Complex Pattern Formation in Solutions of Protein and Mixed Salts Using Dehydrating Sessile Droplets
journal contributionposted on 12.08.2020 by Binita Pathak, John Christy, Khellil Sefiane, Devrim Gozuacik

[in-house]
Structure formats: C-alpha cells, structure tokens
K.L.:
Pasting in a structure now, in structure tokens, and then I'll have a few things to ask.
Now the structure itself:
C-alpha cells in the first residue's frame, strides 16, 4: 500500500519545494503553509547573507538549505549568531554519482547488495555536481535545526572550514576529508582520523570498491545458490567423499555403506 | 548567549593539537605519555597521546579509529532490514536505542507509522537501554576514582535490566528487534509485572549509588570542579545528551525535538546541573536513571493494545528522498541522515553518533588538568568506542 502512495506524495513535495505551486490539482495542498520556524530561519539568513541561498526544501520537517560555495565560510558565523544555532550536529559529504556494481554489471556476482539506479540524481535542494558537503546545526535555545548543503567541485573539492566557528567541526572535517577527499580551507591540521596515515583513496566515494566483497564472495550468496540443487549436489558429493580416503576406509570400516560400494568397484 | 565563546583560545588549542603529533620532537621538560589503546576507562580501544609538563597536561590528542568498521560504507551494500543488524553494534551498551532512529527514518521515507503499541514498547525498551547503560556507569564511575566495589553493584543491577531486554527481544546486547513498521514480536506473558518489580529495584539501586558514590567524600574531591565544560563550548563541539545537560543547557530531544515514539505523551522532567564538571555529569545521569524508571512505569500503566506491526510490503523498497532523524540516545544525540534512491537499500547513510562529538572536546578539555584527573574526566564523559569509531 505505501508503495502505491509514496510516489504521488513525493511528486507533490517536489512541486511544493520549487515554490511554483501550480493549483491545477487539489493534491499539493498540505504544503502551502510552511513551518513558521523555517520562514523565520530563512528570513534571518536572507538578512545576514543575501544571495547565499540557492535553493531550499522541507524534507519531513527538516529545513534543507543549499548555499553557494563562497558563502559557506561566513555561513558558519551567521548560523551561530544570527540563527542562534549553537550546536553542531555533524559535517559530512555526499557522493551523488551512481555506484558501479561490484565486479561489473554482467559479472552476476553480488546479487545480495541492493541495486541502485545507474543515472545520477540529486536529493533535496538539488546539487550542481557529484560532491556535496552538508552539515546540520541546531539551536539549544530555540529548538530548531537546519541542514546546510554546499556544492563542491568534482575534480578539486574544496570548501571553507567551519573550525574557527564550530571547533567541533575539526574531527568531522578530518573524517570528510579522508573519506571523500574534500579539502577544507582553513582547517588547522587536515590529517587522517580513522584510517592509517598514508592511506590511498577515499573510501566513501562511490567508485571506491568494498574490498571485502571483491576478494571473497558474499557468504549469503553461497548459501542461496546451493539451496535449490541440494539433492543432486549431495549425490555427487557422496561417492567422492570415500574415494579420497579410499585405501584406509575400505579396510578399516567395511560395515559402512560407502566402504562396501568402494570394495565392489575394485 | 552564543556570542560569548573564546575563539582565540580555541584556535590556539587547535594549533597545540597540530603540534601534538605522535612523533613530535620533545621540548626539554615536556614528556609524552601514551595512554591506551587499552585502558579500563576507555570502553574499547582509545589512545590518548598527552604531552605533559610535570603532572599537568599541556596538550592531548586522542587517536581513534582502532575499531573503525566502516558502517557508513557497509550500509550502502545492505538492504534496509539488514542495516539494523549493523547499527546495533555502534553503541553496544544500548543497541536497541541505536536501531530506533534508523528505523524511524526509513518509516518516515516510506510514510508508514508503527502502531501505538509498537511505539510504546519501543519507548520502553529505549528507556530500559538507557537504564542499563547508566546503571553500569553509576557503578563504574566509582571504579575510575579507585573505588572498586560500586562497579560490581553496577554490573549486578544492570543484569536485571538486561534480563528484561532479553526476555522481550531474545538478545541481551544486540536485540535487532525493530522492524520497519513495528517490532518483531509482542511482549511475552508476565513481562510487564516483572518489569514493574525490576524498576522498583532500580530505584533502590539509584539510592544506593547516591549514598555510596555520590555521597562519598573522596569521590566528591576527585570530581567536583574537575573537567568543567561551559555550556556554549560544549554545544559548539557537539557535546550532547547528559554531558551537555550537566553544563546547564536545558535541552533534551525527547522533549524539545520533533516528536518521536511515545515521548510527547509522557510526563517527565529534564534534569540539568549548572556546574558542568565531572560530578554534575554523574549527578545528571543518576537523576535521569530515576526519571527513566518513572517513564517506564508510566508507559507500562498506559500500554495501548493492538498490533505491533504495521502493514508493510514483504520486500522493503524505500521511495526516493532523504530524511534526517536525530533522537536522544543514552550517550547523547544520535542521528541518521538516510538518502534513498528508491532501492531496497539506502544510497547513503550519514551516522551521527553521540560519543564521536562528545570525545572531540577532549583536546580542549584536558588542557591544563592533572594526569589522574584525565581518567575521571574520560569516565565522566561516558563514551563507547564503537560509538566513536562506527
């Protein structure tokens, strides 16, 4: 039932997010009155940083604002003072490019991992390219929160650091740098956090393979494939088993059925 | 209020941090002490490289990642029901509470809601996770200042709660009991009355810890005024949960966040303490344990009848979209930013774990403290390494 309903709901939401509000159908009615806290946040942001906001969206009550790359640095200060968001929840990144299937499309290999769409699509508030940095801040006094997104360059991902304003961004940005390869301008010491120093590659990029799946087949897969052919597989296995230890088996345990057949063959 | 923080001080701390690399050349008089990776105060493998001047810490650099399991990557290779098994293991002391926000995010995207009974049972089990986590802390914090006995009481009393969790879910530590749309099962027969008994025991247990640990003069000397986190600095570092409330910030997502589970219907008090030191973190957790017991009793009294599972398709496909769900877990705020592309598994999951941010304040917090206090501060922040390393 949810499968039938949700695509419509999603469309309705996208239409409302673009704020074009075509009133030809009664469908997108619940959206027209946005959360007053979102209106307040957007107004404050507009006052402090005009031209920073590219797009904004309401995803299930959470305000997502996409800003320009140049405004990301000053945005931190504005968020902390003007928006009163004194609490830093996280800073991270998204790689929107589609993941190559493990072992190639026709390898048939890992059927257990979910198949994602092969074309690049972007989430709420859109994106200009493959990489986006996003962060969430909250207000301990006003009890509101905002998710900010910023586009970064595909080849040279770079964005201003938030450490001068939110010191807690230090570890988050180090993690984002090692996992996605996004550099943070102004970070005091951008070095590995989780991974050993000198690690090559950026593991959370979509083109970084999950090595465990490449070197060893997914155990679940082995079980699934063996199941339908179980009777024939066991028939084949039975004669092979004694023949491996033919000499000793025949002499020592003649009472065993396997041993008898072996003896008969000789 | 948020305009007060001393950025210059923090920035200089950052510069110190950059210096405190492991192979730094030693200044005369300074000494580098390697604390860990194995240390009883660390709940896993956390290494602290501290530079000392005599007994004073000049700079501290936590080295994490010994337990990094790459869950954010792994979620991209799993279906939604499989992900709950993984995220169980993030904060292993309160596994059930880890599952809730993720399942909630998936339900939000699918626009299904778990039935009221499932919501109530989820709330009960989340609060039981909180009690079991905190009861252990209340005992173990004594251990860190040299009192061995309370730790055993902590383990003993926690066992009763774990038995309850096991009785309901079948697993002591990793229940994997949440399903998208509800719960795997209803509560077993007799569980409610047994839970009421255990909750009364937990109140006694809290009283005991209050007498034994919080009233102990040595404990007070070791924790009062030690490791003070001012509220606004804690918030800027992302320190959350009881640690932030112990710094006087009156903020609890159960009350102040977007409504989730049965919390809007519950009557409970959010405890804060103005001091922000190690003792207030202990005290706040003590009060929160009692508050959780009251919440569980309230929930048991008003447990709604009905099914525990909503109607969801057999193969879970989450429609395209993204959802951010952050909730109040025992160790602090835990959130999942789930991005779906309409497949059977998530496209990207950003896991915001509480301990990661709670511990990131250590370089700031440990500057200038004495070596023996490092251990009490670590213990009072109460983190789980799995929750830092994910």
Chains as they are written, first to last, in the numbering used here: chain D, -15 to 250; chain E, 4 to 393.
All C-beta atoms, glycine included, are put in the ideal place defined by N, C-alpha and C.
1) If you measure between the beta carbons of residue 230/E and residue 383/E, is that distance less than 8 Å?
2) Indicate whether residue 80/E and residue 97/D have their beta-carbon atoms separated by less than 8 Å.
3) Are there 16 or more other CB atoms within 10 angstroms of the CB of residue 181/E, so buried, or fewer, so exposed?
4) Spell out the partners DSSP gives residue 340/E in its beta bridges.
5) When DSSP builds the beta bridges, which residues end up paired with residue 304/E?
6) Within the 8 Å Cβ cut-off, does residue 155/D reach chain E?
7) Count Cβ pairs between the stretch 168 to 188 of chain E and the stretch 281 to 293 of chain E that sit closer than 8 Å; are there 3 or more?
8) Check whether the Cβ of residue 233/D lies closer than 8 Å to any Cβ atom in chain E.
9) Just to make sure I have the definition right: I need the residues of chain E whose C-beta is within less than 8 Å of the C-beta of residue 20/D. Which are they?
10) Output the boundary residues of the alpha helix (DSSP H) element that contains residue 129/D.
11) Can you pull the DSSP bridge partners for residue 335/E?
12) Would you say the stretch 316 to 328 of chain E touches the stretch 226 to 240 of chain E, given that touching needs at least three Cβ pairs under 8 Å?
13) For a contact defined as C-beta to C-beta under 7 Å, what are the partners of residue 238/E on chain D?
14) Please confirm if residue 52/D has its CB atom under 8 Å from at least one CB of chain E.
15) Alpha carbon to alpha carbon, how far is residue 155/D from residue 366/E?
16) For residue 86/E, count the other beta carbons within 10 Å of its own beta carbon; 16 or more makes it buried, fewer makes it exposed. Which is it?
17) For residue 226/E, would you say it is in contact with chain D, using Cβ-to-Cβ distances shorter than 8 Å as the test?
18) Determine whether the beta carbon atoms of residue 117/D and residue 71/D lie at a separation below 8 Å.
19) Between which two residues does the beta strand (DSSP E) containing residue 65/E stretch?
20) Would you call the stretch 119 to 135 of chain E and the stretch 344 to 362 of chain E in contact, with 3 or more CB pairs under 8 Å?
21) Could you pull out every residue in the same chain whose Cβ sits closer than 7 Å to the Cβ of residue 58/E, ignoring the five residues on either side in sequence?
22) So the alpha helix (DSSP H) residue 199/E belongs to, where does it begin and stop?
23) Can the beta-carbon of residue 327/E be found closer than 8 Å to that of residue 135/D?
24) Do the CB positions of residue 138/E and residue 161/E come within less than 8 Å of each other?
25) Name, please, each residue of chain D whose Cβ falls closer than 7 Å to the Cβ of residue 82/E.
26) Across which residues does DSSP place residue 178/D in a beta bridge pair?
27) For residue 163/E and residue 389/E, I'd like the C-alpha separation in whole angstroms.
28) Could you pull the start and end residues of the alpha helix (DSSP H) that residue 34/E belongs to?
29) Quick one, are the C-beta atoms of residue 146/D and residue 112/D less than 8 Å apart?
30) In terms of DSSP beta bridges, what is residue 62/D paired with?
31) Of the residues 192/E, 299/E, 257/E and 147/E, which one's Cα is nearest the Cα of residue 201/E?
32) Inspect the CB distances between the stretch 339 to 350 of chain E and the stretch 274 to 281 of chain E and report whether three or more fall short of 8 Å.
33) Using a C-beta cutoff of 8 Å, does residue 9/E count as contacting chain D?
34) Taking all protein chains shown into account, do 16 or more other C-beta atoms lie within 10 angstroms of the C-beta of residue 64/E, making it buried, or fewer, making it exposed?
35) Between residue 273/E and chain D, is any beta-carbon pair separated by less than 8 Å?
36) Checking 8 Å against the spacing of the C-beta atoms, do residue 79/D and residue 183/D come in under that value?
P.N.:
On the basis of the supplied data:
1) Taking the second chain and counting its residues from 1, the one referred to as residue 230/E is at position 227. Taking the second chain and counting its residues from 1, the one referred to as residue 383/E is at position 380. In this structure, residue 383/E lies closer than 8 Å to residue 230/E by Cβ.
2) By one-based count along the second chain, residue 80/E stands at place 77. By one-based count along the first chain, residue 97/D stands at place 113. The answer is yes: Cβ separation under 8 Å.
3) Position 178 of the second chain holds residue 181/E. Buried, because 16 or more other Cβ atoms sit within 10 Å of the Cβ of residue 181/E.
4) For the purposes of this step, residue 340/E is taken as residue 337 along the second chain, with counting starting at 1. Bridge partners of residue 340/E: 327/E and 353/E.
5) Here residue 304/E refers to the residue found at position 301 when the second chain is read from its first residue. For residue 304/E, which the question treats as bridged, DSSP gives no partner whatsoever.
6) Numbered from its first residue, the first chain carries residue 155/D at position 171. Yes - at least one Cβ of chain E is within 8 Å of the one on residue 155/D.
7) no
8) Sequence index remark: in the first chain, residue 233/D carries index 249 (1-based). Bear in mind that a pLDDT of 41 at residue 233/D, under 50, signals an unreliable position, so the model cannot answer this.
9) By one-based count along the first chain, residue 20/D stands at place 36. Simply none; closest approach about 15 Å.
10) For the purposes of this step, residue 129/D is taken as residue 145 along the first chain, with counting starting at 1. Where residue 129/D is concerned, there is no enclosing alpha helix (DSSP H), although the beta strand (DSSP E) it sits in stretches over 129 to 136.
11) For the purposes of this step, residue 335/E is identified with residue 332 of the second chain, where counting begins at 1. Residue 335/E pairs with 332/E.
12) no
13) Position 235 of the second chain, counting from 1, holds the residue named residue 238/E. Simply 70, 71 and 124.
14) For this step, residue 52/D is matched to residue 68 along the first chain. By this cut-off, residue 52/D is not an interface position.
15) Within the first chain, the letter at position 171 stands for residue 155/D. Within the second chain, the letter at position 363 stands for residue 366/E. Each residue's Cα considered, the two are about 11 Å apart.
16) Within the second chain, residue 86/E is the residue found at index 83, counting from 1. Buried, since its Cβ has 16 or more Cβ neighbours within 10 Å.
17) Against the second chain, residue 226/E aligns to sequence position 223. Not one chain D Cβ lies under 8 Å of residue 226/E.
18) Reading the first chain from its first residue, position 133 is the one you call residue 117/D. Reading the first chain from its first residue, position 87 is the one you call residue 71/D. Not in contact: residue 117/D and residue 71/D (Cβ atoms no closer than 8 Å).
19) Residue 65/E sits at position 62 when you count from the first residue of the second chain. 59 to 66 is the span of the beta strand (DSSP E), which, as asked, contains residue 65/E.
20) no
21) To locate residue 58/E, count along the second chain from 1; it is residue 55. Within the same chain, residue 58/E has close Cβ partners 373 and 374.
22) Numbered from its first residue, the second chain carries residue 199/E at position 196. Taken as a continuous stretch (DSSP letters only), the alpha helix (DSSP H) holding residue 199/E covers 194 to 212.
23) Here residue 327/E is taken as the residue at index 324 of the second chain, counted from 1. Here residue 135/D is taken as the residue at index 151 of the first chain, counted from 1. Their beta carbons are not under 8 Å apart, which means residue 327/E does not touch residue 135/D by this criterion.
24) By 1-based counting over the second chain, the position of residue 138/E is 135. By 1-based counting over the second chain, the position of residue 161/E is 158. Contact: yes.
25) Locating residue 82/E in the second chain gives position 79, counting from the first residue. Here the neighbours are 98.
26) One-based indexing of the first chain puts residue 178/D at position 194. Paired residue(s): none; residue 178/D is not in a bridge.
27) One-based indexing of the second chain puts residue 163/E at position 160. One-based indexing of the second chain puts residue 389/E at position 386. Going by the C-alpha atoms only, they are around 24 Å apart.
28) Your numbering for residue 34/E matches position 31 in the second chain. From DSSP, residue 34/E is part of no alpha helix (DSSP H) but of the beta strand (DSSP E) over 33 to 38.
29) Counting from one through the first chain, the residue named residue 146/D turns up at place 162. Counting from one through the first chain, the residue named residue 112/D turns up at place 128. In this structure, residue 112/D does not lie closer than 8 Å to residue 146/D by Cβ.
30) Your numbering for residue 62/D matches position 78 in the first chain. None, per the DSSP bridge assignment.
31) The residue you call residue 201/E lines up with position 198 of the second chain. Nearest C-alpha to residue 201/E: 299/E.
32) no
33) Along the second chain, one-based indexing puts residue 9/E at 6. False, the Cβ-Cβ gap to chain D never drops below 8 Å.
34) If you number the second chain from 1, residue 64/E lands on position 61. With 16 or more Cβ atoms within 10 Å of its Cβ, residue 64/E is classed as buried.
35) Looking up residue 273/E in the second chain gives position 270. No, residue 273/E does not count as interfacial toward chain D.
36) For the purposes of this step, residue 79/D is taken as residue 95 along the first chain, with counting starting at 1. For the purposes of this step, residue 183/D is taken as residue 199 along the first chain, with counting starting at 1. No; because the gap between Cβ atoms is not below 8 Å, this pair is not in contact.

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A sessile droplet of a complex fluid exhibits several stages of drying leading to the formation of a final pattern on the substrate. We report such pattern formation in dehydrating droplets of protein (BSA) and salts (MgCl2 and KCl) at various concentrations of the two components (protein and salts) as part of a parametric study for the understanding of complex patterns of dehydrating biofluid droplets (blood and urine), which will eventually be used for diagnosis of bladder cancer. The exact analysis of the biofluid patterns will require a rigorous parametric study; however, the current work provides an initial understanding of the effect of the basic components present in a biofluid droplet. Arrangement of the protein and the salts, due to evaporation, leads to the formation of some very distinctive final structures at the end of the droplet lifetime. Furthermore, these structures can be manipulated by varying the initial ratio of the two components in the solution. MgCl2 forms chains of crystals beyond a threshold initial concentration of protein (>3 wt %). However, the formation of such a crystal is also limited by the maximum concentration of the salt initially present in the droplet (≤1 wt %). On the other hand, KCl forms dendritic and rectangular crystals in the presence of BSA. The formation of these crystals also depends on the relative concentration of salt and protein in the droplet. We also investigated the dried-out patterns in dehydrating droplets of mixed salts (MgCl2 + KCl) and protein. The patterns can be tuned from a continuous dendritic structure to a snow-flake type structure just by altering the initial ratio of the two salts in the mixture, keeping all other parameters constant.